SUMMARY OF THE INVENTION

In accordance with the invention, a Littrow-stabilized laser apparatus is provided comprising a laser diode having a reflective back facet and a front facet having a reflectance of less than 1% for emitting an optical beam at a fundamental frequency along an optical path, collimating means for at least partially collimating the optical beam into an at least partially collimated beam along the optical path, a transmission grating in a Littrow-type arrangement optically coupled to receive the at least partially collimated beam and for returning a portion of the at least partially collimated beam back into the laser diode by means of diffraction through the collimating means and the laser diode front facet, wherein the laser diode reflective back facet and the transmission grating form an extended laser cavity, and wherein in operation, at least a substantial portion of the at least partially collimated beam is transmitted through the transmission grating for producing the laser output beam propagating along the optical path, with a direction of the laser output beam being substantially angle insensitive to the transmission grating orientation.

In accordance with another aspect of the invention, while in operation, the transmission grating provides less than 10% optical power feedback into the laser diode, whilst transmits through itself more than 90% of the optical power of the at least partially collimated beam.

In accordance with another aspect of the invention, a laser apparatus for producing a frequency-doubled laser radiation is provided, comprising a Littrow-stabilized laser apparatus having at least the laser diode, a collimating means, and a transmission grating, for producing an output laser beam at the fundamental frequency. In a preferred embodiment the laser apparatus includes a nonlinear element such as periodically poled LiNbO.sub.3 crystal or waveguide, optically aligned with the Littrow-stabilized laser apparatus to receive the output laser beam at the fundamental frequency, for producing a frequency-doubled output beam in the short-wavelength range of the visible optical spectrum or in the UV range by means of second harmonic generation in the nonlinear element.

BRIEF DESCRIPTION OF THE DRAWINGS

Exemplary embodiments of the invention will now be described in conjunction with the drawings in which:

FIG. 1A is a diagram of a prior art Littrow-stabilized laser diode.

FIG. 1B is a diagram of a prior art Littman-stabilized laser diode.

FIG. 2 is a diagram of a Littrow-stabilized laser diode using a transmission grating in accordance with the present invention.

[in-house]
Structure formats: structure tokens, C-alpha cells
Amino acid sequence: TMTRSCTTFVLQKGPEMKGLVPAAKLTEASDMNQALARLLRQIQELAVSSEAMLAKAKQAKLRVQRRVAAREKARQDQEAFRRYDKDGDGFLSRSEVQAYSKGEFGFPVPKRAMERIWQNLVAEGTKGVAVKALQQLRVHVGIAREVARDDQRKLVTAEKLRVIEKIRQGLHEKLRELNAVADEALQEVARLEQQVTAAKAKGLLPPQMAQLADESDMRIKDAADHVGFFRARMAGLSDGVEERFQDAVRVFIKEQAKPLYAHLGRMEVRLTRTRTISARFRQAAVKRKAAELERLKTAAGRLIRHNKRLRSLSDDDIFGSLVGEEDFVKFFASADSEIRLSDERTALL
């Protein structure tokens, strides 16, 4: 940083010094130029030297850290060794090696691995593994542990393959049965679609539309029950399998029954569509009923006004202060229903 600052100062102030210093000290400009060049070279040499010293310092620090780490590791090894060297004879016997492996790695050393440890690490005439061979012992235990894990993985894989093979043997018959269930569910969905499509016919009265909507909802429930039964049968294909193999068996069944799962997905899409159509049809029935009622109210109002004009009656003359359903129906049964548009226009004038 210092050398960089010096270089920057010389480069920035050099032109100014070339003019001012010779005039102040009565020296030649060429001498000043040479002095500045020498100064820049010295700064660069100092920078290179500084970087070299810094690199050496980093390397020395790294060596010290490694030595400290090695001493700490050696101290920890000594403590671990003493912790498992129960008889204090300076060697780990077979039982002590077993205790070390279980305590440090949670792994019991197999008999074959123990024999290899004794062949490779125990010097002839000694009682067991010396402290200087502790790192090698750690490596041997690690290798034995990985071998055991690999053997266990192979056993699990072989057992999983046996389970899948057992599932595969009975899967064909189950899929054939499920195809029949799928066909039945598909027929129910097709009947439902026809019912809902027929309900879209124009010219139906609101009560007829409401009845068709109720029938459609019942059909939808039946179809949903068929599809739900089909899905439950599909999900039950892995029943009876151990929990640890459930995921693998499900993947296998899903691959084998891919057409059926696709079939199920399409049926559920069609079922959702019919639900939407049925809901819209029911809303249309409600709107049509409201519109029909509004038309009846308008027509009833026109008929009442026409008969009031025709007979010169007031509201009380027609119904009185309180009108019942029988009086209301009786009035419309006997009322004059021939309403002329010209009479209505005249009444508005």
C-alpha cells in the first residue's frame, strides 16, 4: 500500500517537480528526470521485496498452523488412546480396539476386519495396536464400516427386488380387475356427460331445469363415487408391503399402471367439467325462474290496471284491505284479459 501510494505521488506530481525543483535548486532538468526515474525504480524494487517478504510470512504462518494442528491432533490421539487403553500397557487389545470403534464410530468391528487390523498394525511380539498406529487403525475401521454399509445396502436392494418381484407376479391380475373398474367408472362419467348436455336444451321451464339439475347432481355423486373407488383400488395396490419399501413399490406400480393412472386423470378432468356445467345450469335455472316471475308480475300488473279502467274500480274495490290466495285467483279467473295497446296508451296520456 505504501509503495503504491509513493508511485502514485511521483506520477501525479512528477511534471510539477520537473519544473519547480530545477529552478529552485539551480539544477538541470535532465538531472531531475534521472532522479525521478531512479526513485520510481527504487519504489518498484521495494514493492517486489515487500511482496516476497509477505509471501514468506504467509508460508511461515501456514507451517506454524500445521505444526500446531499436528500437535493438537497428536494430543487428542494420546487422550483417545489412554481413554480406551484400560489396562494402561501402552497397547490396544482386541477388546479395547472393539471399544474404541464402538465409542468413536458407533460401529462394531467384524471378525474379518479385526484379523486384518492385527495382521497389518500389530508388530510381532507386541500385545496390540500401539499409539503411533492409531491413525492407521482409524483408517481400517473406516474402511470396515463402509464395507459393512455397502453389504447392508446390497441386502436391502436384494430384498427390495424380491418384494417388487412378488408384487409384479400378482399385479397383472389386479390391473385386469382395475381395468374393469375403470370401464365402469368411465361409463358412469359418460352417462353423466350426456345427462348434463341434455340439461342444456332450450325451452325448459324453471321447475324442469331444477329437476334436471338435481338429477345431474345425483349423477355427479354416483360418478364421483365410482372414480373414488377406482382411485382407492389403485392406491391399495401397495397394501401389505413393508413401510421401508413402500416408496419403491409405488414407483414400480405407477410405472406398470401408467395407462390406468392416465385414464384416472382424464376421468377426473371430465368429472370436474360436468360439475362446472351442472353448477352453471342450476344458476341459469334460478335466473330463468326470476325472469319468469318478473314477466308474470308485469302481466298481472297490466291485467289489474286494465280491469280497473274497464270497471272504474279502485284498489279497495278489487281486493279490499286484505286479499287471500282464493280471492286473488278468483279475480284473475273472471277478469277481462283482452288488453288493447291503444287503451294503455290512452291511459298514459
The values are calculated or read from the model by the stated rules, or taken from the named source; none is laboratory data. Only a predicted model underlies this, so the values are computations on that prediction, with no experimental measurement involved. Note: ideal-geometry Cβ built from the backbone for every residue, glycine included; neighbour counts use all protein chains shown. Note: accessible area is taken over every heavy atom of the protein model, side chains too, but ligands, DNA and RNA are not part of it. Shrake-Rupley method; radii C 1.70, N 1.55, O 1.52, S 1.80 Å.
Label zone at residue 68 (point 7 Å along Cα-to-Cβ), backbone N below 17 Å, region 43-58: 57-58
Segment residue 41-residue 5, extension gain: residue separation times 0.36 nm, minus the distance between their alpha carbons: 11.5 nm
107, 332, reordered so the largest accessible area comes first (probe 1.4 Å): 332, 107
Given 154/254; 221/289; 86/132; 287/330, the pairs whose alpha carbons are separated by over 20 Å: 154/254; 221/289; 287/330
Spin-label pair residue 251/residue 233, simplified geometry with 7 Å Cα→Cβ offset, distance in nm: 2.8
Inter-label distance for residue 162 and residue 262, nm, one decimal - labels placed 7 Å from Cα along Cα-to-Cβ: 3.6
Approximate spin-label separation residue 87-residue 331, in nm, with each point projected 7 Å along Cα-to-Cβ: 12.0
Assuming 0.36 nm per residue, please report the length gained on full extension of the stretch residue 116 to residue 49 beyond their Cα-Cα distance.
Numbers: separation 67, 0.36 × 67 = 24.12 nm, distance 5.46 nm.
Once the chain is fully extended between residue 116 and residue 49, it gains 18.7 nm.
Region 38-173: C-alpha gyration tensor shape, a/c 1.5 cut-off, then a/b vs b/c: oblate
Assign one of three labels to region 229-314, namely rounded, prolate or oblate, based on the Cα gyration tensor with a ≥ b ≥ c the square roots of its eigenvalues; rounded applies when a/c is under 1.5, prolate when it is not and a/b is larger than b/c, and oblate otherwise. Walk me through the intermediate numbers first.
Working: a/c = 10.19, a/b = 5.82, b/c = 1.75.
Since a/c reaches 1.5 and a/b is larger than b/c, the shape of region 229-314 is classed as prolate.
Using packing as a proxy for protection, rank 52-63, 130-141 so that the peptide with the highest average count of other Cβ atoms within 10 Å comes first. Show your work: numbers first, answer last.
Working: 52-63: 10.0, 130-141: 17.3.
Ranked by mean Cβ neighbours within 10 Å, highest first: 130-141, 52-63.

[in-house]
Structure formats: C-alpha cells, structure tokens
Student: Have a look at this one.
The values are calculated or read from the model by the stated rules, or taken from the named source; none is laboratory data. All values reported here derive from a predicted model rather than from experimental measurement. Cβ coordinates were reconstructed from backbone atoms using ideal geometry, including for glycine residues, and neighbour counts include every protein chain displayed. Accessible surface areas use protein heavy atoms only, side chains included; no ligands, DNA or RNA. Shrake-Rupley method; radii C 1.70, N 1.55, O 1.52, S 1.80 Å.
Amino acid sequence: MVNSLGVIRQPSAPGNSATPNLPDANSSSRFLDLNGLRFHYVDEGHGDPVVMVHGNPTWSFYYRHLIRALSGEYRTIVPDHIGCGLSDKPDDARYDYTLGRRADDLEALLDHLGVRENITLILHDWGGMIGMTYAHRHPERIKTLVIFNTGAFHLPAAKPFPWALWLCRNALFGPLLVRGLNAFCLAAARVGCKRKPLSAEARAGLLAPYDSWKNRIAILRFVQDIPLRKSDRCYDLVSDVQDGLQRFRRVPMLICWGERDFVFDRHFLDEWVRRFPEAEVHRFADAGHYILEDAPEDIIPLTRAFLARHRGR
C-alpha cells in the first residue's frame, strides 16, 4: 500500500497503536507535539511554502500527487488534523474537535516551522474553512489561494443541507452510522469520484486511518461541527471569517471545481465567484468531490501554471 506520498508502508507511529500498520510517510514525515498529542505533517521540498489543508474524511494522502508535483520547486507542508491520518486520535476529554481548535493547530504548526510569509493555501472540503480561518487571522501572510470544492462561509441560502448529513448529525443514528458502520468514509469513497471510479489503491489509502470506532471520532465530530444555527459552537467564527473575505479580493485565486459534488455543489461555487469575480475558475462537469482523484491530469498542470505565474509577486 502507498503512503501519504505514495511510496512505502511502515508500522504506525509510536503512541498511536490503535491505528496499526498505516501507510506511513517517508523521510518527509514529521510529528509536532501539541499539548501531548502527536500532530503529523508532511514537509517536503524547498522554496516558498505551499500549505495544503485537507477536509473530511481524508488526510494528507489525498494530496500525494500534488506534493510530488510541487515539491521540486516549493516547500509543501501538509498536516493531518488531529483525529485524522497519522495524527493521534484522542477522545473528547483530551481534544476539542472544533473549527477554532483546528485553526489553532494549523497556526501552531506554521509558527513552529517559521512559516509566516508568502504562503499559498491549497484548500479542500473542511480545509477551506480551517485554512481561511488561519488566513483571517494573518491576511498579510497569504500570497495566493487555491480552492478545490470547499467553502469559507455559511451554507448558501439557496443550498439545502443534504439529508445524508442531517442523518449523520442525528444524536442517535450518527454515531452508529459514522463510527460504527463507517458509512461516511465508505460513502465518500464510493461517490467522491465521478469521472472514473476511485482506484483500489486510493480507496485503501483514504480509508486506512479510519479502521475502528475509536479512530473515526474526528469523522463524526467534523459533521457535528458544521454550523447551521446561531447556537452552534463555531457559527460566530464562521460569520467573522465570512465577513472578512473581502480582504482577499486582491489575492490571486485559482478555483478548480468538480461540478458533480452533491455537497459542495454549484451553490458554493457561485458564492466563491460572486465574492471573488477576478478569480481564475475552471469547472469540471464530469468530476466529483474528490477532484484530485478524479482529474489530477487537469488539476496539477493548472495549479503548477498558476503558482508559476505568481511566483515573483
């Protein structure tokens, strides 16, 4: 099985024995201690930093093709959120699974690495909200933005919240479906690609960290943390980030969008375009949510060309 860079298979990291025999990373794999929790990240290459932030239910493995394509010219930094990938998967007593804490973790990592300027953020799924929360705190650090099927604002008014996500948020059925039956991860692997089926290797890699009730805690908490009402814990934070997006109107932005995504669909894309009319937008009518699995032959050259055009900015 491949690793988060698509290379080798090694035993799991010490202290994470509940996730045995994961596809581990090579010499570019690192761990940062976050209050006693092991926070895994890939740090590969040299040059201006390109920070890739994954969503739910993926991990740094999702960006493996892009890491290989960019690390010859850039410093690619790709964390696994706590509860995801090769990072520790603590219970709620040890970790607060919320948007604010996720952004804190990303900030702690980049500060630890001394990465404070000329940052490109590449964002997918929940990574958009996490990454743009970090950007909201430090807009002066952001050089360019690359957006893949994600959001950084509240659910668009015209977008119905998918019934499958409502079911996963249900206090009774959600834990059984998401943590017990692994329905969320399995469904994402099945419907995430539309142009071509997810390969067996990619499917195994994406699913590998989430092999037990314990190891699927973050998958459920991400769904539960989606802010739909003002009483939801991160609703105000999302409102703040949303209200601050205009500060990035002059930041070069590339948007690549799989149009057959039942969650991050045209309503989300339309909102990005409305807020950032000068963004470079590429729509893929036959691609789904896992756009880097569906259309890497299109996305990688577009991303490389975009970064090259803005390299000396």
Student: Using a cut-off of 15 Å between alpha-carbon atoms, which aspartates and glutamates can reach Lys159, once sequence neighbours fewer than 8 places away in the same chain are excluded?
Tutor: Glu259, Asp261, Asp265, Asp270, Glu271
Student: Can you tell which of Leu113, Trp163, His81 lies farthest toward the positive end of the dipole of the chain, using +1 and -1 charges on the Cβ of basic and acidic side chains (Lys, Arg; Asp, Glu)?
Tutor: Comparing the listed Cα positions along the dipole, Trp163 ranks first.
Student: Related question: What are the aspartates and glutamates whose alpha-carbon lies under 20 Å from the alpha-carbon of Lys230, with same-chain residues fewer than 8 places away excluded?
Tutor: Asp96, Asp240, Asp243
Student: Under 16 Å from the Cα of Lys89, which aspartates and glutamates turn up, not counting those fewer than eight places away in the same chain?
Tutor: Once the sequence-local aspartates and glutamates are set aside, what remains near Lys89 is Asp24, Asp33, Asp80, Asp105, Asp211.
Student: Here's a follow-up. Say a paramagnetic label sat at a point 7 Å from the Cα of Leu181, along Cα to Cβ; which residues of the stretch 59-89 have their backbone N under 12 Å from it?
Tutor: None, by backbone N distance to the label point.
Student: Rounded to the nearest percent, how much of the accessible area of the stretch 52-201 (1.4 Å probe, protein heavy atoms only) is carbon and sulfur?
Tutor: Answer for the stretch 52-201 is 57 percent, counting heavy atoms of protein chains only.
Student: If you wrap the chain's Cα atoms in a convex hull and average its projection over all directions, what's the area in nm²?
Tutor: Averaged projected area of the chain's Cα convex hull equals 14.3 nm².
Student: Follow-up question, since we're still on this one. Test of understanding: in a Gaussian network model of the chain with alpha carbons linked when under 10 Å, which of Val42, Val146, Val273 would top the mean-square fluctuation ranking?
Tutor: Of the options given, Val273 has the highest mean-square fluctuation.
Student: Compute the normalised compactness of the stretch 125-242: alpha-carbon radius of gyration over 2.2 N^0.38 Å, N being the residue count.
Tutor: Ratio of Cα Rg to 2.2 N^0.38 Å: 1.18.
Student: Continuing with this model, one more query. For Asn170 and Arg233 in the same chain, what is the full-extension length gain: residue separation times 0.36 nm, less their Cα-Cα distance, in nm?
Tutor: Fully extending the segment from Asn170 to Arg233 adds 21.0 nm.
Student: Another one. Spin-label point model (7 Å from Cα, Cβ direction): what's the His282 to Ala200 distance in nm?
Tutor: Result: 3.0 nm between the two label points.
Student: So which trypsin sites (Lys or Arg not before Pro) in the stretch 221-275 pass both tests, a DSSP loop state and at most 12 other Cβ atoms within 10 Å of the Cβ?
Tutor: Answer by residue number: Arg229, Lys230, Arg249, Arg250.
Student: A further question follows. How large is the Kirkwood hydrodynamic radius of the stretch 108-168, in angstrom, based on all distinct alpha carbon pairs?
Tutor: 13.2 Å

FIG. 2 a is a diagram similar to FIG. 2 including a polarization controller for alignment of the laser diode output light polarization to efficiently couple with the grating.

FIGS. 3 a and 3 b are a side and top plan views, respectively, of an exemplary astigmatism-correcting and collimating lens system which is useful in the present invention.

FIGS. 4 a and 4 b respectively provide a schematic of a surface-relief dispersion grating and a holographic dispersion grating.

FIG. 5 is a schematic diagram of an exemplary implementation of a grating tuning means.

FIG. 6 is a diagram of a frequency-doubled laser apparatus according to the present invention.

FIG. 7 is a diagram of a frequency-double laser apparatus incorporating a single-mode nonlinear waveguide according to the present invention.

FIG. 8 is a diagram of a frequency-double laser apparatus incorporating a multi-mode nonlinear waveguide according to the present invention.

FIG. 9 is a schematic diagram of an exemplary multi-path configuration of the nonlinear element

FIG. 10 is a diagram of temperature control feedback circuitry for frequency-doubled output stabilization.

DETAILED DESCRIPTION OF THE INVENTION

A preferred embodiment of a Littrow-stabilized laser diode using a transmission grating is shown in FIG. 2 and is hereafter described.

A semiconductor laser diode chip 100 mounted on a carrier 103 has a high-reflection coated back facet 105 and an anti-reflection coated front facet 110. The laser diode is capable of emitting a high power coherent light beam 115 in a single spatial mode having a wavelength in the red or near-infrared region of the optical spectrum. The laser diode is optically coupled through a collimating means 120 to a bulk diffraction grating 135. The collimating means 120 at least partially collimates the light beam 115 to form a beam 126 hereinafter referred to as the at least partially collimated laser diode beam 126, or simply as the laser diode beam 126. The bulk diffraction grating 135 is oriented to diffract a portion of the laser diode beam 126 back into the laser diode to provide optical feedback, as schematically shown by an arrow 117. The collimating means 120 is shown to be a single lens but alternatively can be a collimating lens or more typically a system of collimating lenses. According to the invention the grating 135 is a transmission grating. A portion of the laser diode beam 126 passes through the transmission grating 135 forming an output laser beam 140.

The reflective back facet 105 of the laser chip 100 and the transmission grating 135 together form an extended laser diode cavity, providing frequency stabilization and frequency tuning capability. The extended cavity arrangement of the present invention enables single-mode radiation at a fundamental optical frequency which is determined by the orientation of the grating. By changing angular orientation of the grating the fundamental optical frequency can be tuned within a spectral range of the optical gain of the laser diode.